#9 – Communications
Your cellphone battery will die. So get a solar charger, and/or car charger, and/or crank USB charger. Your cellphone is critical so make sure your power for it is tested – try out your backup plans when you change your batteries at daylight savings in the spring and fall. Assume you might not have 911 or internet… so have a list of key phone numbers written down or printed out. Have LOCAL PAPER MAPS, so you can get where you are going even if a few roads are out and your GPS isn't working. (See Maps for Preparedness.)
A crank powered radio is good too. Get one that can listen to emergency broadcasts, and even better one that can listen to TV broadcasts.
- Walkie Talkie 5 to 30 mile = Midland GXT1050VP4 36-Mile 50-Channel FRS/GMRS Two-Way Radio (it can also use 4 AA batteries)
- Also consider HAM radio or multi-pack handheld radios.
See also the Best Battery Chargers and Batteries post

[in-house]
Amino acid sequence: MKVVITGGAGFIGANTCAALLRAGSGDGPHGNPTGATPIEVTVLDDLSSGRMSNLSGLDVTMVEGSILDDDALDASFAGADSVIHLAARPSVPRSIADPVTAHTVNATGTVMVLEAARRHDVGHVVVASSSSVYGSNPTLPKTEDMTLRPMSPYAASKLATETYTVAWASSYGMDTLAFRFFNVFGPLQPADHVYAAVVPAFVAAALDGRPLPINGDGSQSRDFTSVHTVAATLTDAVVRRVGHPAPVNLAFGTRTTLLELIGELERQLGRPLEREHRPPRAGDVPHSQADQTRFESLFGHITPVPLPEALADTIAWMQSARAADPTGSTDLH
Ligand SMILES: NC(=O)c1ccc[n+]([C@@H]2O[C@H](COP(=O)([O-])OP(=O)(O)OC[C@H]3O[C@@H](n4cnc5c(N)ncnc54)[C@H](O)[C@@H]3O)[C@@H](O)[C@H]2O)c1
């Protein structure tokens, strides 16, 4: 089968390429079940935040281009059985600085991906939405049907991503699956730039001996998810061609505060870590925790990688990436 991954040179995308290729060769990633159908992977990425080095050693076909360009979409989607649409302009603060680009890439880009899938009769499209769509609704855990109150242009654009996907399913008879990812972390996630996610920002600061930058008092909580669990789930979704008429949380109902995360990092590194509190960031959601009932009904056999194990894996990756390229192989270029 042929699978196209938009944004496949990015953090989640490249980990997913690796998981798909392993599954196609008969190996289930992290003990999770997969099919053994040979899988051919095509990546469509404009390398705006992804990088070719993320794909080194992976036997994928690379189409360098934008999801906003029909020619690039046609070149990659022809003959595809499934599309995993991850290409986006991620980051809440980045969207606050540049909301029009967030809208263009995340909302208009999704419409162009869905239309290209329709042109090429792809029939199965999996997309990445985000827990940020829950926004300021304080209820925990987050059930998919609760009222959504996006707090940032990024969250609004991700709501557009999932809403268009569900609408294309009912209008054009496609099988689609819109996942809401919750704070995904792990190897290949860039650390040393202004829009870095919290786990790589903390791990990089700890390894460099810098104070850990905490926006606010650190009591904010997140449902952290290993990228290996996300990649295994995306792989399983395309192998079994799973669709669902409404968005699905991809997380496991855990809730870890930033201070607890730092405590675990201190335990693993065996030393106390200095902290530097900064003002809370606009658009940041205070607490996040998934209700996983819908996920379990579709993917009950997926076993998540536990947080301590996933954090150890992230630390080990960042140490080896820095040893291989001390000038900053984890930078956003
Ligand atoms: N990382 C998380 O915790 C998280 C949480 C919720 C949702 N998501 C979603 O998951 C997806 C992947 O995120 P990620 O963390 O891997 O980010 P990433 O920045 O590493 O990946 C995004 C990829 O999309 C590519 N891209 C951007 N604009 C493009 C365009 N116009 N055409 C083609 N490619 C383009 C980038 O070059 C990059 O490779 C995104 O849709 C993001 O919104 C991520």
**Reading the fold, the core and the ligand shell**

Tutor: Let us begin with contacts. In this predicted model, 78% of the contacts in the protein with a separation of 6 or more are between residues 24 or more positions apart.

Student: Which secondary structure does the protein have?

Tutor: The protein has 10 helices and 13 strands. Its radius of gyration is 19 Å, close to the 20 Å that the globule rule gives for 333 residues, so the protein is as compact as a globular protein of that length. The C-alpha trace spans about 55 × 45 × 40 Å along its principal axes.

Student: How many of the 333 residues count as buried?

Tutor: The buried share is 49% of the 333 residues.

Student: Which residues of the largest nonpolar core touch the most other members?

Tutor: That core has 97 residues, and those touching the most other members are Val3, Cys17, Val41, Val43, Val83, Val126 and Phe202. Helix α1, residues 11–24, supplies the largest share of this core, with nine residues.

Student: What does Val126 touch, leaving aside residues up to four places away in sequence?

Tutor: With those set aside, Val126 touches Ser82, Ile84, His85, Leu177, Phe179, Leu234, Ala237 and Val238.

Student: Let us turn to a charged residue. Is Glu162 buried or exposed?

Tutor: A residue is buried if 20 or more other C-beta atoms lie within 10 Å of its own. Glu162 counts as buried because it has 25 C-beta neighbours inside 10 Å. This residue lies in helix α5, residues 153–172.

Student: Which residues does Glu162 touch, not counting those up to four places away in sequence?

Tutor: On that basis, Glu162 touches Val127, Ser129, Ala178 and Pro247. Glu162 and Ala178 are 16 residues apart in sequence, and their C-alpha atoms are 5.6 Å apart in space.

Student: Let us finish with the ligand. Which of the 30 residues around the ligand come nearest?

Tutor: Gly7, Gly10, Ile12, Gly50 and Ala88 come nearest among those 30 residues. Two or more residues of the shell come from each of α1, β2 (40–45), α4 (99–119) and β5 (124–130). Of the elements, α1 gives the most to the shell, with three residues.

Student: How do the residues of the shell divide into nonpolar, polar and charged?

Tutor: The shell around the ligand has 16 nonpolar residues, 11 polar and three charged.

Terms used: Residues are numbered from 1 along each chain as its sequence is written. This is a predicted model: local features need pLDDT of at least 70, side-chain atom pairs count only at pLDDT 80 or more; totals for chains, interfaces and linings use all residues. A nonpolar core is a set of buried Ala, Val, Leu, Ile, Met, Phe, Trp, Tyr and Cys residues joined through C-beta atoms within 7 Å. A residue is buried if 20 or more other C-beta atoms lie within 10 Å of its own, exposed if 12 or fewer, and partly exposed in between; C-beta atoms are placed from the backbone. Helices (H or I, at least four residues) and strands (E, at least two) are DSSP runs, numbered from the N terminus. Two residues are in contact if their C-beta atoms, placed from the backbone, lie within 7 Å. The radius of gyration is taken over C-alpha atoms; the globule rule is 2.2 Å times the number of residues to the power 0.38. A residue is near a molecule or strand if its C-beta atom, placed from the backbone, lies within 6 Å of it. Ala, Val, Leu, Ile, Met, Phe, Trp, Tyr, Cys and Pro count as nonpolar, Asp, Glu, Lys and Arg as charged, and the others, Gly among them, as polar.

#10 – First Aid Supplies
Either make your own first aid kit or buy one. Have one kit for home, one in the car/truck, and one for work. You should have enough to be able to hold yourself over if the police/fire/rescue cant show up for roughly a week, so that means medications, insulin, prescription meds, inhalers, insulin, adrenaline, or whatever you need (or might need) to take care of yourself and your family. Ideally, you should get CPR training and basic 1st aid BEFORE you need it, and get the entire family through it, even the squeamish ones.
Related Post – Best First Aid Kit
All the OTHER stuff
This list highlights critical items, but there are many more that will improve comfort levels. Businesses that are open may only be able to take cash, or only take credit. It's good to have both on hand, especially small bills.
With clean water scarce, extra paper plates and plastic silverware mean less dish washing. Disposable plates means garbage more garbage (#6). Garbage bags can also be makeshift tarps if a window is blown in. But how do you hold the tarp or garbage bag in place? Where is your stash of duct tape? Oh and clothes? Do you have a stash of one or two changes of clothes relative to the season set aside – maybe the power outage occurs right before your weekly laundry day? What about a pair of gloves? An emergency stash of fresh socks and underwear can make a world of difference in comfort.